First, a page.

The obvious temptations for an actor to do a double role are precisely those temptations that one should avoid. One major temptation is to show your range as an actor and dazzle the audience. Most actors while attempting a double role often mark out two different sets of mannerisms first and build on those, and the temptation is to wow the audience with your amazing range. I didn’t go down that road. Whether they are twins, whether it’s a double role, I didn’t put my focus on any of that. For me these were two separate roles that I was playing. I approached each of the characters as I would approach any other character in a film.
Give me the backstory, build a biography from the age of zero to where the character is in the scene, figure out the character’s childhood, growing up years, friend choices, musical likes, culinary preferences, go into their family lives, school lives, sexual lives, sexual orientation, all of that. I went into this journey for both Indranil and Mahendra (in Bulbbul). I was never anxious about showing the difference. I played them the way each demanded I play them.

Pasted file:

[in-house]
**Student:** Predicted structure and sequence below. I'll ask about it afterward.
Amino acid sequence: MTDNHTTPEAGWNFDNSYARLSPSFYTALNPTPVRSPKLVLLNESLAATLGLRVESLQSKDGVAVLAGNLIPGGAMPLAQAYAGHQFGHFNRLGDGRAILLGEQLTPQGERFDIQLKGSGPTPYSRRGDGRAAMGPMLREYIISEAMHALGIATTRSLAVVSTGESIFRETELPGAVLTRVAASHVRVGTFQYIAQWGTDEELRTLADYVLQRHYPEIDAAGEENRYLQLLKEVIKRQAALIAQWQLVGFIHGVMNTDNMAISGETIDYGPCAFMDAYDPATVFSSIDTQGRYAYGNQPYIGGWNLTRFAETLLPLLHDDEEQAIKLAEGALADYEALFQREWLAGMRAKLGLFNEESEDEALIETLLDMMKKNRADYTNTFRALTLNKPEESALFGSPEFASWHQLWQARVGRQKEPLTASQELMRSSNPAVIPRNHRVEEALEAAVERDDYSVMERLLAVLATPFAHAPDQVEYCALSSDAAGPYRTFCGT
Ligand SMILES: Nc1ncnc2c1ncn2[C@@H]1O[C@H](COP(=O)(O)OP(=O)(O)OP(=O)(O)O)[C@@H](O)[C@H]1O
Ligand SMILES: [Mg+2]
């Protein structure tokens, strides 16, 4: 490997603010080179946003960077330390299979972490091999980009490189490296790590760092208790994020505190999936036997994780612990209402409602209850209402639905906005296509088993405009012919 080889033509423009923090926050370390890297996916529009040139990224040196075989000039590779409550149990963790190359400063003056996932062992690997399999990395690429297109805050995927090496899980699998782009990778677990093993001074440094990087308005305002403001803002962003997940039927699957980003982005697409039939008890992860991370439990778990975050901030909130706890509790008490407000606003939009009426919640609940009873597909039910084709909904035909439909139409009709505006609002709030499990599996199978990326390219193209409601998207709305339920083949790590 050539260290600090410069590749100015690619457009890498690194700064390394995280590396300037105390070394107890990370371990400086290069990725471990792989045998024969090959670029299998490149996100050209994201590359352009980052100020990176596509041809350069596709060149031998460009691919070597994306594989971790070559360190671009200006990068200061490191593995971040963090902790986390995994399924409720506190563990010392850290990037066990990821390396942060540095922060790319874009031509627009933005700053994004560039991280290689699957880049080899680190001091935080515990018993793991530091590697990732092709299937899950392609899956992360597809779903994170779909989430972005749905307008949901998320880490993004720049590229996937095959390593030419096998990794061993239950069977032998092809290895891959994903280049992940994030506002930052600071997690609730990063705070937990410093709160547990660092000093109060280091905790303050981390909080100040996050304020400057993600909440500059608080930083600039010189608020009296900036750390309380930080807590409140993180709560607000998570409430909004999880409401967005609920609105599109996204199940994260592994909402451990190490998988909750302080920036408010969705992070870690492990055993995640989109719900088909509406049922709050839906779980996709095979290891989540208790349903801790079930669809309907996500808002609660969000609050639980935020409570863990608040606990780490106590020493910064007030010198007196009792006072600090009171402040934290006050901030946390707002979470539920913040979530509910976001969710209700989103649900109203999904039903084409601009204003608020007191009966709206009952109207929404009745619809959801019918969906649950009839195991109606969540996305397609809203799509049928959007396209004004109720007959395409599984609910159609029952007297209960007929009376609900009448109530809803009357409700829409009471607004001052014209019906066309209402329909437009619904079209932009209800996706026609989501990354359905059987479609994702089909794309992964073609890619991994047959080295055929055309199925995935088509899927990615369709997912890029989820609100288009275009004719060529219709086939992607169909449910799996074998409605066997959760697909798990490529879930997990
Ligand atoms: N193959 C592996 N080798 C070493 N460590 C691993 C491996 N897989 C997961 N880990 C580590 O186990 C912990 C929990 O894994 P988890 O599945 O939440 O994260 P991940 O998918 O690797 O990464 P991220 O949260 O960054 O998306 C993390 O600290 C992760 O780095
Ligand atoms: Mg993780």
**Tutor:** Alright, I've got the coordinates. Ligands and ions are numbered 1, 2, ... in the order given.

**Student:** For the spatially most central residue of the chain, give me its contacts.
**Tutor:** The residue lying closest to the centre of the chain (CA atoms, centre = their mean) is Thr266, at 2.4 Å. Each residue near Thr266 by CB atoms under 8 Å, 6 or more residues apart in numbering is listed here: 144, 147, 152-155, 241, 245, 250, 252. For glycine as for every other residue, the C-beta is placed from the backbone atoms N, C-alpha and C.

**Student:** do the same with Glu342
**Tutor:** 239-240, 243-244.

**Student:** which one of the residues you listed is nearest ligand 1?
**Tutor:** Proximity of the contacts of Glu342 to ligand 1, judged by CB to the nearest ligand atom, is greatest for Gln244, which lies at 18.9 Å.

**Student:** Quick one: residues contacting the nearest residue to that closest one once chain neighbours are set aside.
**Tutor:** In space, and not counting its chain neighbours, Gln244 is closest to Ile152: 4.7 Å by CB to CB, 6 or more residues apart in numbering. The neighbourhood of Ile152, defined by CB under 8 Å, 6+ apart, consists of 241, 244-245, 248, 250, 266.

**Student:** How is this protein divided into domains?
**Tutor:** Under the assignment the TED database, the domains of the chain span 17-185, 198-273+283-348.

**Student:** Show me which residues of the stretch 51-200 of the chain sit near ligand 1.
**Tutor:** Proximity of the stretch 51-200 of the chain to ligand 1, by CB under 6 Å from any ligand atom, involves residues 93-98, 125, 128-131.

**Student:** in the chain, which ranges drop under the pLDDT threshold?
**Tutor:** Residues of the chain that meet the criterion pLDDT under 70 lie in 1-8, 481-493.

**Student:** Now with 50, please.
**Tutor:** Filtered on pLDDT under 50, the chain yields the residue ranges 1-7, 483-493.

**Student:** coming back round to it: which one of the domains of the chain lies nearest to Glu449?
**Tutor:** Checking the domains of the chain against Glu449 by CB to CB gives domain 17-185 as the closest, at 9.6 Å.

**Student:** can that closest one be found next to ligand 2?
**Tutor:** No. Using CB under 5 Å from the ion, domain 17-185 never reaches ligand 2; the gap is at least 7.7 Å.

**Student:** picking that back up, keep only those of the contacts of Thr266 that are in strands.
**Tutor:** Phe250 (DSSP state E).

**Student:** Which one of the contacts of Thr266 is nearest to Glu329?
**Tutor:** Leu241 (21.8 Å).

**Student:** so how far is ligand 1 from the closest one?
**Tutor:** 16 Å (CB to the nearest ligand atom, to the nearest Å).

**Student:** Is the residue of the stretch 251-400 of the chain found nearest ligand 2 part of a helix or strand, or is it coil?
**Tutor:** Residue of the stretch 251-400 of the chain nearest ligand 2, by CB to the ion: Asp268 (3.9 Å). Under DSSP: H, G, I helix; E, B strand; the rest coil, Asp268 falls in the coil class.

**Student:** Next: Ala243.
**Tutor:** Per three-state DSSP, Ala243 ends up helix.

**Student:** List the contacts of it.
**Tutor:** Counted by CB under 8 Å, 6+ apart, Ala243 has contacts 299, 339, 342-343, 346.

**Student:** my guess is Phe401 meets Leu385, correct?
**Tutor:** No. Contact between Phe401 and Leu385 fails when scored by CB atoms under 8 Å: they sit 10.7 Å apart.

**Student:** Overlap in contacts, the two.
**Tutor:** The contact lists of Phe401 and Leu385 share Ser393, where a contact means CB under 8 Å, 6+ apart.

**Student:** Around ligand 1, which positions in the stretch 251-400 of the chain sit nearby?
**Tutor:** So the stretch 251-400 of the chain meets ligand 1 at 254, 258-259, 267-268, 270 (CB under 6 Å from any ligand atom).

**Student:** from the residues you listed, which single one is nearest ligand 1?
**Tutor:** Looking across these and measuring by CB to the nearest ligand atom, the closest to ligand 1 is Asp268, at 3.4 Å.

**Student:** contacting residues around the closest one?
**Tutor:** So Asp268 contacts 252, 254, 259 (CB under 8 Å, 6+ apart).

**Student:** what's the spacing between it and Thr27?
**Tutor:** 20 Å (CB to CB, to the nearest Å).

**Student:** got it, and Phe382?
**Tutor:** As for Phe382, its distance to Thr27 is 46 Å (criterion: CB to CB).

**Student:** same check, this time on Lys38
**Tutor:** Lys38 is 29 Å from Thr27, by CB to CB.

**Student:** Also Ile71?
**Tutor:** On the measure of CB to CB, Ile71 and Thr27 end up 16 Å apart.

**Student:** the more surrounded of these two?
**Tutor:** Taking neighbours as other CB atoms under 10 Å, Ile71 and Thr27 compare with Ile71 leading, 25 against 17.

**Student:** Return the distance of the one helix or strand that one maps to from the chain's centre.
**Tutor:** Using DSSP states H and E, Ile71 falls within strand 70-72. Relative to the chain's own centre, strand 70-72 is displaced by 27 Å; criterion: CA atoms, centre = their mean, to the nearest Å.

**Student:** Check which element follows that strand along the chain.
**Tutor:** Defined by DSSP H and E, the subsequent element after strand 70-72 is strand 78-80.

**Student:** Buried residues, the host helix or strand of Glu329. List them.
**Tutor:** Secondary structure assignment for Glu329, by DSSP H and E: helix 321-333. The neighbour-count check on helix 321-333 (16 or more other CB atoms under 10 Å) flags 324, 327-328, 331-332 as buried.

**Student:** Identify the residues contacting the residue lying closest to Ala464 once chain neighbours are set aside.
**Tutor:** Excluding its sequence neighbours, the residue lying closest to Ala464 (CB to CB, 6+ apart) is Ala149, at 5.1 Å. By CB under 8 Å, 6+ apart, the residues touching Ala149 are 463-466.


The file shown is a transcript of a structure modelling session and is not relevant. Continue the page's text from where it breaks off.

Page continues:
After setting the biography of the character, Rahul says, in every film he thinks of one or two keywords that he has to say to himself before he gets onto the set
So, getting down to the roles themselves. After setting the biography of the character, in every film I think of one or two keywords that I have to say to myself before I get onto the set. With Indranil it was fatigue and the mantle of responsibility. While for Mahendra, it was wonder. His is arrested development. His first reaction to everything is just that of wonder. He doesn’t have a thought in his mind that lasts for more than maybe five seconds. He was the more difficult character to play. For the danger in playing such characters is that of hamming. These kinds of characters very easily lend themselves into becoming caricatures. So that challenge was how do you swallow him and when you act him you don’t thrust him down the audience’s throat, audiences only need to smell his essence. A massive amount of credit goes to Anvita. She has used him sparingly.
“If you look at it as two different roles and you don’t care about the double role, then you are free as an actor”